Christ and McEwan were fierce competitors. In addition to their private practices mere blocks away from each other, both doctors treated patients at the Church and Home Hospital, which was renamed St. Luke’s Hospital in 1915. But, despite their rivalry, the two doctors worked together when it counted. In one memorable incident, telegraph lineman E. A. Moore was struck by lightning while working on a pole along North Orange Avenue. Christ and McEwan both rushed the man to St. Luke’s, saving his life.
The two doctors also worked together to help form the Orange County Medical Society in 1908. The society’s meeting minutes paint a fascinating portrait of health care in the early 20th century. In addition to smallpox, common ailments included dengue, a mosquito-borne viral infection; typhoid fever, a bacterial illness spread through contaminated food and water; eclampsia, seizures caused by high blood pressure during pregnancy; and pellagra, a vitamin deficiency that can result in death if untreated.
By 1909, the society had adopted a standardized pricing system for common medical procedures. A prescription or advice at the doctor’s office cost a patient $1 to $10, while a procedure such as a hysterectomy or a laparotomy would be billed at between $100 and $500. Physicians often traversed Orlando’s sand roads making house calls, which cost $2 to $5 during the day or $3 to $10 at night.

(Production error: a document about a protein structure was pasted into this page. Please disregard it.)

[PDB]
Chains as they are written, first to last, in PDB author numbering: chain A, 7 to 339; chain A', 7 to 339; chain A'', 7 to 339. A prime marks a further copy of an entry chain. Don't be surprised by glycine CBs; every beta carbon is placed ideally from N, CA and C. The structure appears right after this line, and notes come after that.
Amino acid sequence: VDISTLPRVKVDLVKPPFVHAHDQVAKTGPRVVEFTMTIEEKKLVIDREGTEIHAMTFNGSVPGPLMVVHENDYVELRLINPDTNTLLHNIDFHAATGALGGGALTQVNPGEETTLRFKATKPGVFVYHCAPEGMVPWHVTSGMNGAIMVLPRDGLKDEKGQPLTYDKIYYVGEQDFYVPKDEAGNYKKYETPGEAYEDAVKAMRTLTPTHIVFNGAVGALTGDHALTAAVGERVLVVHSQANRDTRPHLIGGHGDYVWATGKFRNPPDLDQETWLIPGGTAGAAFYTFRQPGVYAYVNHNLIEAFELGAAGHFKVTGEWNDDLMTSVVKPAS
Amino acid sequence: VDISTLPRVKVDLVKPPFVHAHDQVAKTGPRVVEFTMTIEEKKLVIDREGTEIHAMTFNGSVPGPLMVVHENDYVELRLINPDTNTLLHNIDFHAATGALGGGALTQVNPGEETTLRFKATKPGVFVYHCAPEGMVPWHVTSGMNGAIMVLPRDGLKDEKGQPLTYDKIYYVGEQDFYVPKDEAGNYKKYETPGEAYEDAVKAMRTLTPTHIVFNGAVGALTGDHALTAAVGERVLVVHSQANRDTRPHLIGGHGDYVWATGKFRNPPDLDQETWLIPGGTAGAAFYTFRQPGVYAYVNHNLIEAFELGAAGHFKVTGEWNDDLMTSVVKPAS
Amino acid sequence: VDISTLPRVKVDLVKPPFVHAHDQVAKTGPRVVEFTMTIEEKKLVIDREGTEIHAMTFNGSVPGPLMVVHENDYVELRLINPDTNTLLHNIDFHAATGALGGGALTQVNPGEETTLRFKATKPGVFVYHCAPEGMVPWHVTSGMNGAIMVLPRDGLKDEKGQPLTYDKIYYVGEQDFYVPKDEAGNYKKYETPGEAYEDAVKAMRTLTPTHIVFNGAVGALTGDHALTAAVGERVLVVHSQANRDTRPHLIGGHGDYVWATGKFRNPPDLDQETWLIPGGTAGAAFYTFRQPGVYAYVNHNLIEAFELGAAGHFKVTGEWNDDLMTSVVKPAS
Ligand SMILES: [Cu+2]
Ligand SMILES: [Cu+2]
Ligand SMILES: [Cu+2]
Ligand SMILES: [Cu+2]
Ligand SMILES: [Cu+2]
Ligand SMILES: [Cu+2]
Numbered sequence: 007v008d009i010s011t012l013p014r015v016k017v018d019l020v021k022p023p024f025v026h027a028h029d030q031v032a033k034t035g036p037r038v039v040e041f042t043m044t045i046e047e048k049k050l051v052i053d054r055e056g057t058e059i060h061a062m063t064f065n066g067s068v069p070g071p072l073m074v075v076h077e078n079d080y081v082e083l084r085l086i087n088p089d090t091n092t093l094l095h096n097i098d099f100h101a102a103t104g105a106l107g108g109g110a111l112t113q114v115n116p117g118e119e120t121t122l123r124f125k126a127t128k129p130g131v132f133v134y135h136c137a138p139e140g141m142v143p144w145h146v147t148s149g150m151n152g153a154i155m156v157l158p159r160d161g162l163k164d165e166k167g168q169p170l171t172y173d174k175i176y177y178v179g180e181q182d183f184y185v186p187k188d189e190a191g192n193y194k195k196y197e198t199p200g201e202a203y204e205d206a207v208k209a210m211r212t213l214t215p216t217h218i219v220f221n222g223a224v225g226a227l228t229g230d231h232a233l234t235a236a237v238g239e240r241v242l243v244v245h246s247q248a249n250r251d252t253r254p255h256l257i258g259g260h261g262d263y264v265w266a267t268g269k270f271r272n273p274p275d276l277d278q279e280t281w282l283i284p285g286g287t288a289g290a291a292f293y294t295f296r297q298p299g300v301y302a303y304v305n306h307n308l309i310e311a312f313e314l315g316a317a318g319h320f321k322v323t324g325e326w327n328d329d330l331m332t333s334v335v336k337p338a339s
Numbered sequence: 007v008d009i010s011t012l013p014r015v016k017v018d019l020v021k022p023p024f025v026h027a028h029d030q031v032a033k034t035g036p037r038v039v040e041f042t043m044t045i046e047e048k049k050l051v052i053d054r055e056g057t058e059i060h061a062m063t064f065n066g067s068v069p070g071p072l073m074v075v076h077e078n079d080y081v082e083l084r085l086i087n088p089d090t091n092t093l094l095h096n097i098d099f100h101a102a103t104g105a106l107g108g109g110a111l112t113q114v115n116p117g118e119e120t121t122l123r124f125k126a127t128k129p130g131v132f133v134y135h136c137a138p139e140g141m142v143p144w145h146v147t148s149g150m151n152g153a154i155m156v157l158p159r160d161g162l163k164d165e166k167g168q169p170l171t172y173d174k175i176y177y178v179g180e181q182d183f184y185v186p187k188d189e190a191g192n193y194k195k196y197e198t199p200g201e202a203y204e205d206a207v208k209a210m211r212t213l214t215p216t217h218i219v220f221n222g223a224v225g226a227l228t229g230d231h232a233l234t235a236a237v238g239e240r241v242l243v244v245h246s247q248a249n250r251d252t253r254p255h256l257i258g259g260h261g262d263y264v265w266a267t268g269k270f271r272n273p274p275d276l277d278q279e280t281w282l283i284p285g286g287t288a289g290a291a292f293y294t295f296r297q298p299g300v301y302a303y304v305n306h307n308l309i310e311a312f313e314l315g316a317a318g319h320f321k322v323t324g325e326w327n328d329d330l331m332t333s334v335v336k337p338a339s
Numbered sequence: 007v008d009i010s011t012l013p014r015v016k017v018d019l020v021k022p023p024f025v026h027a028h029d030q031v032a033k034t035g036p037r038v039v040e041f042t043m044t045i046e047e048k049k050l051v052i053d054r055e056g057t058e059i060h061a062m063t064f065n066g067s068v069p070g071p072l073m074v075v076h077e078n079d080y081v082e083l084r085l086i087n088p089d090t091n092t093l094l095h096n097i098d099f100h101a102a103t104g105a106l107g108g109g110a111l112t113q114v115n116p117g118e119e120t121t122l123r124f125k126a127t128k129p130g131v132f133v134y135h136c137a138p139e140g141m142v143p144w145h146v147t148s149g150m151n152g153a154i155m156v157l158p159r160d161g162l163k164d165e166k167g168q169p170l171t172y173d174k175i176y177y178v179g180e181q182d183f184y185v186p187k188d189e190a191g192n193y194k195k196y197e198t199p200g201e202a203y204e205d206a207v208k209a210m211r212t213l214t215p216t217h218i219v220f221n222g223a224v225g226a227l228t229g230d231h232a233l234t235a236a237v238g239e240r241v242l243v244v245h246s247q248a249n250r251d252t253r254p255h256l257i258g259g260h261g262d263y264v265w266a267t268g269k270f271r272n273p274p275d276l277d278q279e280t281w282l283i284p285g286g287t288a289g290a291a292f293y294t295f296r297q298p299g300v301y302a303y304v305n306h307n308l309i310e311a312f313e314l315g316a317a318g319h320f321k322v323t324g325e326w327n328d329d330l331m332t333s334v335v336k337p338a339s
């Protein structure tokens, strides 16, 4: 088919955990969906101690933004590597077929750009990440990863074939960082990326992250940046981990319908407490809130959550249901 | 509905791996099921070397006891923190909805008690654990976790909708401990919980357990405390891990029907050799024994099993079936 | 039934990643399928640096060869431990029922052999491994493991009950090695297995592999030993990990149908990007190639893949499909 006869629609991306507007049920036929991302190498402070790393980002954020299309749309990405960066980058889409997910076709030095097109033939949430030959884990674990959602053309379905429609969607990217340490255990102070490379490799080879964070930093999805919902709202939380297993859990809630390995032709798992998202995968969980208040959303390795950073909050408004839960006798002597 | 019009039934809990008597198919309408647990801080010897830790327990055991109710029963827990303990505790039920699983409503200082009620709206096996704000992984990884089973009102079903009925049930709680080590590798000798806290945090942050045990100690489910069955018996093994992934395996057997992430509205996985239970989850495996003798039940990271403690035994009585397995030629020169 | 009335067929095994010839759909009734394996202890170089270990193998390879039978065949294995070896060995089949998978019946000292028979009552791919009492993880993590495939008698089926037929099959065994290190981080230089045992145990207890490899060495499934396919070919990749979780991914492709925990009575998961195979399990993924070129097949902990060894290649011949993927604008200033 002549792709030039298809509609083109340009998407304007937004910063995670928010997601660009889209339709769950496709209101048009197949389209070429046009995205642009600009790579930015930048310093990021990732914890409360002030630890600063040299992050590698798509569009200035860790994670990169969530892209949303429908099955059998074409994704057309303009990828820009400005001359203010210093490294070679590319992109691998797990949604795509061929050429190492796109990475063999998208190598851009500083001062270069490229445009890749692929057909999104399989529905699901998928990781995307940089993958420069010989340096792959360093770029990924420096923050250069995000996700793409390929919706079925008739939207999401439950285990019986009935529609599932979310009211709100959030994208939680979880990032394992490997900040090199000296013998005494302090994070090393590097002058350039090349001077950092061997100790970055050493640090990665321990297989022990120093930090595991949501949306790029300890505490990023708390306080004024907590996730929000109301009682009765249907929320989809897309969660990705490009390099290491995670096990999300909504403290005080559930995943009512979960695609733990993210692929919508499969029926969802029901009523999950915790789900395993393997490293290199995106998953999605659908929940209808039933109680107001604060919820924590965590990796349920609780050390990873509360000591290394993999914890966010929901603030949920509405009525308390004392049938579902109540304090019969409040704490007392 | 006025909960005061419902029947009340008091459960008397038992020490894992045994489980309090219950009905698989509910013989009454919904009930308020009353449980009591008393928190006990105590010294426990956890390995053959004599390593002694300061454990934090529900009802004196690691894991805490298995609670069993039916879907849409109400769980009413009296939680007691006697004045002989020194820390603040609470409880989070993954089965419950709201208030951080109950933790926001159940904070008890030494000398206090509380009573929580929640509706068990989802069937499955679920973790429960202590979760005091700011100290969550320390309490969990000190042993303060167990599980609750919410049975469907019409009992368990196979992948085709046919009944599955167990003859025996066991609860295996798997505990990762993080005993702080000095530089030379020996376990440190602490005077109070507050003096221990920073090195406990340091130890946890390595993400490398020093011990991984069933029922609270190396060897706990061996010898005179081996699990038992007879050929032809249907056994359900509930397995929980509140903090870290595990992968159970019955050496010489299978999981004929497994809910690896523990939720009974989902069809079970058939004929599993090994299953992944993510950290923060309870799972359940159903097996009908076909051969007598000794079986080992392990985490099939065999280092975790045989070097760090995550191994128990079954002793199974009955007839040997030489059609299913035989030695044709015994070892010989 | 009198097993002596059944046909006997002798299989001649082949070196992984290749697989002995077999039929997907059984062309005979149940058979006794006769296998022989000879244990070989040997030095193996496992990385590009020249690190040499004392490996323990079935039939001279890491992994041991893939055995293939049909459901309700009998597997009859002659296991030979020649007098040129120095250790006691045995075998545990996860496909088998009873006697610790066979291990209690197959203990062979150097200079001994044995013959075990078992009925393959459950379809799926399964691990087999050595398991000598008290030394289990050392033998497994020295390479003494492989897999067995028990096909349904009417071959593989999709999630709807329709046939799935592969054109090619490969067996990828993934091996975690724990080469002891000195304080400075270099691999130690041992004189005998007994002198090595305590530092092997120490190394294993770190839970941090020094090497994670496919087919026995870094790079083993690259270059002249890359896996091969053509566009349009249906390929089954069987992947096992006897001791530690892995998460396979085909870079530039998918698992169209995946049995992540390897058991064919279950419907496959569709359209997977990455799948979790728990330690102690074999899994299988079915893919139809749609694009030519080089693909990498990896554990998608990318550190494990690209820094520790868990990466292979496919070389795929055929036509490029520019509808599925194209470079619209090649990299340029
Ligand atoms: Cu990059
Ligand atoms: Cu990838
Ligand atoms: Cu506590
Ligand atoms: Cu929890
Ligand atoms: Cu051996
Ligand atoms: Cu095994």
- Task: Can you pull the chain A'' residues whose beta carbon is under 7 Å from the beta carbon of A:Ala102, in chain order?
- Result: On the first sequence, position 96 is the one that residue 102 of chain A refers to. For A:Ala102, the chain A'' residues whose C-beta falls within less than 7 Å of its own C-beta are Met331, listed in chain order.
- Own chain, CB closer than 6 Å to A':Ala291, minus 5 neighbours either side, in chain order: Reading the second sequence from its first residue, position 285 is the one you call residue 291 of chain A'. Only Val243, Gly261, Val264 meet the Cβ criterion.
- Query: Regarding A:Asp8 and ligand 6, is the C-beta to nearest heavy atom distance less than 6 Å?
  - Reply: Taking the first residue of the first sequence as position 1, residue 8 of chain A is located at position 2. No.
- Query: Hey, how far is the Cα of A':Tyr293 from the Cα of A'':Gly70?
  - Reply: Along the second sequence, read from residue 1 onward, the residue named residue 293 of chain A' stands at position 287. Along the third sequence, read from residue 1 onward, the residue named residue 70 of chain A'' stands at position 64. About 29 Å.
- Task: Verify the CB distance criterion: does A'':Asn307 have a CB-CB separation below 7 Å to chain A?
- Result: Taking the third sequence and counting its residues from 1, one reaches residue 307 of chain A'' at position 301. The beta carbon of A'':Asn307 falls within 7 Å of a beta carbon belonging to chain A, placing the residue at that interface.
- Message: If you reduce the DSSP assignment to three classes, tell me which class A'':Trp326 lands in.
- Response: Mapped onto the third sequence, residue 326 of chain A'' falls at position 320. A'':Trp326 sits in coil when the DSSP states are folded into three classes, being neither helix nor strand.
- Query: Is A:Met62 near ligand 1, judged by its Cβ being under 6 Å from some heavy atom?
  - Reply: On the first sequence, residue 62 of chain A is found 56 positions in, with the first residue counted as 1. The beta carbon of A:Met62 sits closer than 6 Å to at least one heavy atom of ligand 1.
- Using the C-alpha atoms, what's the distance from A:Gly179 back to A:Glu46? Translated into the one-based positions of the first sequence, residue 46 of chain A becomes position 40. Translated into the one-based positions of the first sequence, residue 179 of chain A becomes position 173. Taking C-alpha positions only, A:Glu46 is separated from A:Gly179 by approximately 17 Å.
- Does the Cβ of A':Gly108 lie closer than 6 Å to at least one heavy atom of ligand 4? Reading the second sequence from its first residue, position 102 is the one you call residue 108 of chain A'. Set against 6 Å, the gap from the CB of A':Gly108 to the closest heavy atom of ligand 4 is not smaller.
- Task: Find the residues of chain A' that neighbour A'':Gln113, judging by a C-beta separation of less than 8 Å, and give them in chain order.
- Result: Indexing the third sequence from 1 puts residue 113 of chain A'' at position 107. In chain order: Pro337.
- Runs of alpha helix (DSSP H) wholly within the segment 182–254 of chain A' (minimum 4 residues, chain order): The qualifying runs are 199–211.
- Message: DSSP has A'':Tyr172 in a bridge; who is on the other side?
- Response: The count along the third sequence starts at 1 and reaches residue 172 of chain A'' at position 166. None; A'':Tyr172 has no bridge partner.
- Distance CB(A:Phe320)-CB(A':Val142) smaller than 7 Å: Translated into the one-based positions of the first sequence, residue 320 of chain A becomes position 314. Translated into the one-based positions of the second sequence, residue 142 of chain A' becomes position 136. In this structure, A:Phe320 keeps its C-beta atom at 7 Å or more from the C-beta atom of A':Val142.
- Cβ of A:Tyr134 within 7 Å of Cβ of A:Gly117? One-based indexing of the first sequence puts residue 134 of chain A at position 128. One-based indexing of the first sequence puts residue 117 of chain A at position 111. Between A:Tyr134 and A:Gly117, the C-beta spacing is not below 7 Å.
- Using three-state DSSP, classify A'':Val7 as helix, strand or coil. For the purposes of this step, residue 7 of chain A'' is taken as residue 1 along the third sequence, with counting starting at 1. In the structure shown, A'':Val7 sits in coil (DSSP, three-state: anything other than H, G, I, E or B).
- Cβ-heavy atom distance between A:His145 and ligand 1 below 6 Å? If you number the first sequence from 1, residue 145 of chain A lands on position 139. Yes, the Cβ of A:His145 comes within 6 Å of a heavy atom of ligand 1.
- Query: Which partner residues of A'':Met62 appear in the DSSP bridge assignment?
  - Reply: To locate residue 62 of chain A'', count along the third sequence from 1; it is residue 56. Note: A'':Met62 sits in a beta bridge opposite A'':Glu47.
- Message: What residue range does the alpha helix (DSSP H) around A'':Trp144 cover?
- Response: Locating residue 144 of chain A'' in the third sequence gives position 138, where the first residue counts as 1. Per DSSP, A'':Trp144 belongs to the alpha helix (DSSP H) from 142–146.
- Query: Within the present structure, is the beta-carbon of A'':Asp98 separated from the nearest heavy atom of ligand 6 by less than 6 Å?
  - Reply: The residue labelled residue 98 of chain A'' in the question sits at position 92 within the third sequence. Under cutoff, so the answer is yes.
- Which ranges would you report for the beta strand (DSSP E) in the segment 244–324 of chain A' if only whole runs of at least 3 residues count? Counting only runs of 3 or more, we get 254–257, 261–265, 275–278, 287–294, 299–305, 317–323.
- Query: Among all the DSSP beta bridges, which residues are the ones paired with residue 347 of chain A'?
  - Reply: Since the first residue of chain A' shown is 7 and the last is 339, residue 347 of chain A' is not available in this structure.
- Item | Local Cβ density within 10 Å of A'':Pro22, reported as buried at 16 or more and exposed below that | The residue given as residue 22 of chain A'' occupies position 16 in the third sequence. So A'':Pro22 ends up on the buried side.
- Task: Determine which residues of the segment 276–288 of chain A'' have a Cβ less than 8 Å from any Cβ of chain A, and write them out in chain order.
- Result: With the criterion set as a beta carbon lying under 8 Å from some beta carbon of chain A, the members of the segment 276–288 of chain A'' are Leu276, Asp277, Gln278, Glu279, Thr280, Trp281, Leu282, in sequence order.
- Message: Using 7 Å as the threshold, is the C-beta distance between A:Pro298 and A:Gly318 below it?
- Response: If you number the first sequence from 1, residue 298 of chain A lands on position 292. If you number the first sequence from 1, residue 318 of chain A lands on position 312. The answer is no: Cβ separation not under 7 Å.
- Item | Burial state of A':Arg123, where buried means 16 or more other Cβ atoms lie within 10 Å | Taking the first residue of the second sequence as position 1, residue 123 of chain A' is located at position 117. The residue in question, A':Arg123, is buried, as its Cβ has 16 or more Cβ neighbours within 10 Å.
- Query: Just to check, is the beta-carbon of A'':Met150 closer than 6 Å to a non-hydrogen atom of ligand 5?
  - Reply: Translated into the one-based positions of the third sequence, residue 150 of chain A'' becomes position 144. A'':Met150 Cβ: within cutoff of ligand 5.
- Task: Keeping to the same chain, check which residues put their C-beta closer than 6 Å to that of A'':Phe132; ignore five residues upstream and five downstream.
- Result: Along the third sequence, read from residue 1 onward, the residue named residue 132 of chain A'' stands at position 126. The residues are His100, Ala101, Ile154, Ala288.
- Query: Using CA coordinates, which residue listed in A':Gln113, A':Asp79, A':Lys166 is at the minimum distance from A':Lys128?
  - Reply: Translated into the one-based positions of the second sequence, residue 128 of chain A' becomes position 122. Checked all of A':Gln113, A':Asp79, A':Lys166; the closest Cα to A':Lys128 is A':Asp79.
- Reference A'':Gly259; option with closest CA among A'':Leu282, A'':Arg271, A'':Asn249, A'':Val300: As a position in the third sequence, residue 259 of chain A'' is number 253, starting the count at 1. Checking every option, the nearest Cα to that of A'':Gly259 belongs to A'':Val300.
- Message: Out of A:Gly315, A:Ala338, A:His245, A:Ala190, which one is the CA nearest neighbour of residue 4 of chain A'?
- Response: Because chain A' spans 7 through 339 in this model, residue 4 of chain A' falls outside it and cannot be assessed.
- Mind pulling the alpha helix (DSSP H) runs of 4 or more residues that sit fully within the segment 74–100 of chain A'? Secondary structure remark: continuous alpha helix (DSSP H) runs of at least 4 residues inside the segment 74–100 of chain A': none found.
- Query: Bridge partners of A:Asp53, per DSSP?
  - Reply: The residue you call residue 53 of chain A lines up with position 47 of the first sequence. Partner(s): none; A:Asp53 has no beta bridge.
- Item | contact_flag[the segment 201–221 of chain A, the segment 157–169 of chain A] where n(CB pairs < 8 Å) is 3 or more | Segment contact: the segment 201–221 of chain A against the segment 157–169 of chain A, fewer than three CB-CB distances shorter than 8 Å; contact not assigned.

St. Luke’s closed its doors in 1916. According to William Fremont Blackman’s History of Orange County, Florida, the rise of private sanitariums meant that most patients who could not afford medical care ended up at St. Luke’s. In the hospital’s first 15 years, more than half of its patients were unable to pay for their treatment. This, combined with the expense of the hospital’s rapid expansion, led to the closing of St. Luke’s, Orlando’s original pioneering hospital.
Creating a new, modern hospital
The loss of St. Luke’s spurred Christ, McEwan, and others to begin fundraising for the creation of a new, modern facility. Christ and McEwan both donated equipment, which was in short supply due to World War I, and undertaker Carey Hand offered the free use of his ambulance.